The heat hasn’t worked all semester at a CUNY community college that primarily serves low-income, non-white students – with no relief in sight as temperatures are set to soon drop.

A campuswide heat outage has persisted for weeks at Bronx Community College, with temperatures in classrooms at times dropping below 60 degrees, according to students and staff.

BCC President Thomas Isekenegbe last month sent an email to employees saying the boilers would be “fully operational” by the end of October.

But that deadline has come and gone, and the heat still hasn’t been fixed. The administration keeps changing the time frame to fix the boilers, according to Yasmin Edwards, an associate biology professor. She and other employees said they’re not confident the heating system will be fixed before temperatures are forecast to drop to the 40s next week.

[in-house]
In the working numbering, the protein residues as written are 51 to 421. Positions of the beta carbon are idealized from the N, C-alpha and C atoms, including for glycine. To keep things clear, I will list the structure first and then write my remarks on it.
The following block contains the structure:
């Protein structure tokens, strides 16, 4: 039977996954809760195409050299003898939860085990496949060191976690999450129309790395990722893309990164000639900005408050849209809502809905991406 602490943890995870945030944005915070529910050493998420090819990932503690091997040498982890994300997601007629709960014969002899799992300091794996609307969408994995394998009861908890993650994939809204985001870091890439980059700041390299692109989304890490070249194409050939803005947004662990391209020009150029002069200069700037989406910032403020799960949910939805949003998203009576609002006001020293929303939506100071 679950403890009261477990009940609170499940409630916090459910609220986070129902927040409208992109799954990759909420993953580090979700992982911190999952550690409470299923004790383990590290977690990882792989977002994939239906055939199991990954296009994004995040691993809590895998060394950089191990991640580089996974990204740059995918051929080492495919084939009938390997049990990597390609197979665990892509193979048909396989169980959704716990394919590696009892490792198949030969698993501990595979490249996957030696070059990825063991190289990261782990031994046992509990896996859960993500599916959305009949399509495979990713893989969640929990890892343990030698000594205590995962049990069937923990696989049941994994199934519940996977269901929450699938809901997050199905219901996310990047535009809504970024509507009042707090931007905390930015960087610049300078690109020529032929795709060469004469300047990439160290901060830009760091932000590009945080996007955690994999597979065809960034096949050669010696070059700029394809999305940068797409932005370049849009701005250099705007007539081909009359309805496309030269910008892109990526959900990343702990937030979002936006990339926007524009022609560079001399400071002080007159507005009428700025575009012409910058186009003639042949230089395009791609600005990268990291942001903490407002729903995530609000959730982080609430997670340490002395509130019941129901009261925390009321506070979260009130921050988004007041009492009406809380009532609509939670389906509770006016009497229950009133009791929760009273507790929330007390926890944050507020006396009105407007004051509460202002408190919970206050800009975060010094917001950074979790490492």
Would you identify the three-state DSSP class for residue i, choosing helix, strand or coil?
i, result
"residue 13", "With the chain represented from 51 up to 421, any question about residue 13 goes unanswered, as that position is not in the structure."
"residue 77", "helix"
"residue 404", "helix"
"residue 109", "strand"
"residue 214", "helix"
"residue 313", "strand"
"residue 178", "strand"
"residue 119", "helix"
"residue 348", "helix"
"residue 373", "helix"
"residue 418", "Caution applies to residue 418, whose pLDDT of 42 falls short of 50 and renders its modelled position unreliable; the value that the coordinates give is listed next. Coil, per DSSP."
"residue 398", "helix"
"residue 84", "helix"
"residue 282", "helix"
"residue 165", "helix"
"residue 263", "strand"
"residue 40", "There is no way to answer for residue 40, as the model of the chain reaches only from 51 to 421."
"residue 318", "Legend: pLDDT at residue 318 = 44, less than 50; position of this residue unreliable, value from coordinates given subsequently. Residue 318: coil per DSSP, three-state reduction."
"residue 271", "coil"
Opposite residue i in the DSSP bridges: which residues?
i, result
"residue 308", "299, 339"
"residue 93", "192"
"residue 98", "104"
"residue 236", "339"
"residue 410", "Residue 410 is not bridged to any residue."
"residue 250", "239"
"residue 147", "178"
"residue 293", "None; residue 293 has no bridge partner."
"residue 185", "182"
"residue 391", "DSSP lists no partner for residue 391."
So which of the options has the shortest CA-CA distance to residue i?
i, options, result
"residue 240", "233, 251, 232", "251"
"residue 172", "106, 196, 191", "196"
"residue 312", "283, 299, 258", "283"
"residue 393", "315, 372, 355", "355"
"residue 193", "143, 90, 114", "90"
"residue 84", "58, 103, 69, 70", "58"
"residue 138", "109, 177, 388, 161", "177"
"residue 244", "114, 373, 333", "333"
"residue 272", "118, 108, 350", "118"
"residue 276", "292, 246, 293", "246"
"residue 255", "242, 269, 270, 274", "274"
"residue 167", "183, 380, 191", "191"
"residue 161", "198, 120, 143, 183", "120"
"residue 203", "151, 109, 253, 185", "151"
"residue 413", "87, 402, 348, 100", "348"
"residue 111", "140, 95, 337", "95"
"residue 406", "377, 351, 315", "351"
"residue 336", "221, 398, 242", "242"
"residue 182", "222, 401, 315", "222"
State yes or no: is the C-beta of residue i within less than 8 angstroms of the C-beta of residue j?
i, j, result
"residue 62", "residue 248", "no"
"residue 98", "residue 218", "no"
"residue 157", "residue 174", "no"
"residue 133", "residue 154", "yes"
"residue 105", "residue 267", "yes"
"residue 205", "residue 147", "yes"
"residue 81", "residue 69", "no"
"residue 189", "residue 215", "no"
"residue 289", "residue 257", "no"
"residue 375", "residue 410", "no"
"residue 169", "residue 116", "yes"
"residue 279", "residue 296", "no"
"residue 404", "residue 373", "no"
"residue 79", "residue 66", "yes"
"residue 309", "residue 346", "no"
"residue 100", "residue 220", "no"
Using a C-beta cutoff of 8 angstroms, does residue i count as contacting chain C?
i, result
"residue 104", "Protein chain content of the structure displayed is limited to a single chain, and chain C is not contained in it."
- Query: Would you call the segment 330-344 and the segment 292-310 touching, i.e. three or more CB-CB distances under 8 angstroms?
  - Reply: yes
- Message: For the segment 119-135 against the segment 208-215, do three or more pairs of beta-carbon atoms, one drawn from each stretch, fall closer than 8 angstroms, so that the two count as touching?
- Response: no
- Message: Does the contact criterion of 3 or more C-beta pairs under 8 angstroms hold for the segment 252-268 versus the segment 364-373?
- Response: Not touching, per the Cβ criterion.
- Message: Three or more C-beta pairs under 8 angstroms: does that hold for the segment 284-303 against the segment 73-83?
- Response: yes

“They did not tell us at the beginning of October that there were going to be delays turning on the heat. They didn't tell us that until the complaints began to start piling up,” Edwards said. “Heat in the winter, and AC in the summer, we have to fight for that – basic levels of comfort.”

New York City law requires heat be provided from Oct. 1 through May 31 in residential and commercial buildings. When the outside temperature falls below 55 degrees, inside temperatures are required to be at least 68 degrees.

A thermometer inside a Bronx Community College classroom shows 59.5 degrees.

Chantel Boone, who works in the bursar’s office, said she and her coworkers often seek relief from the chill by taking breaks outside in the sun.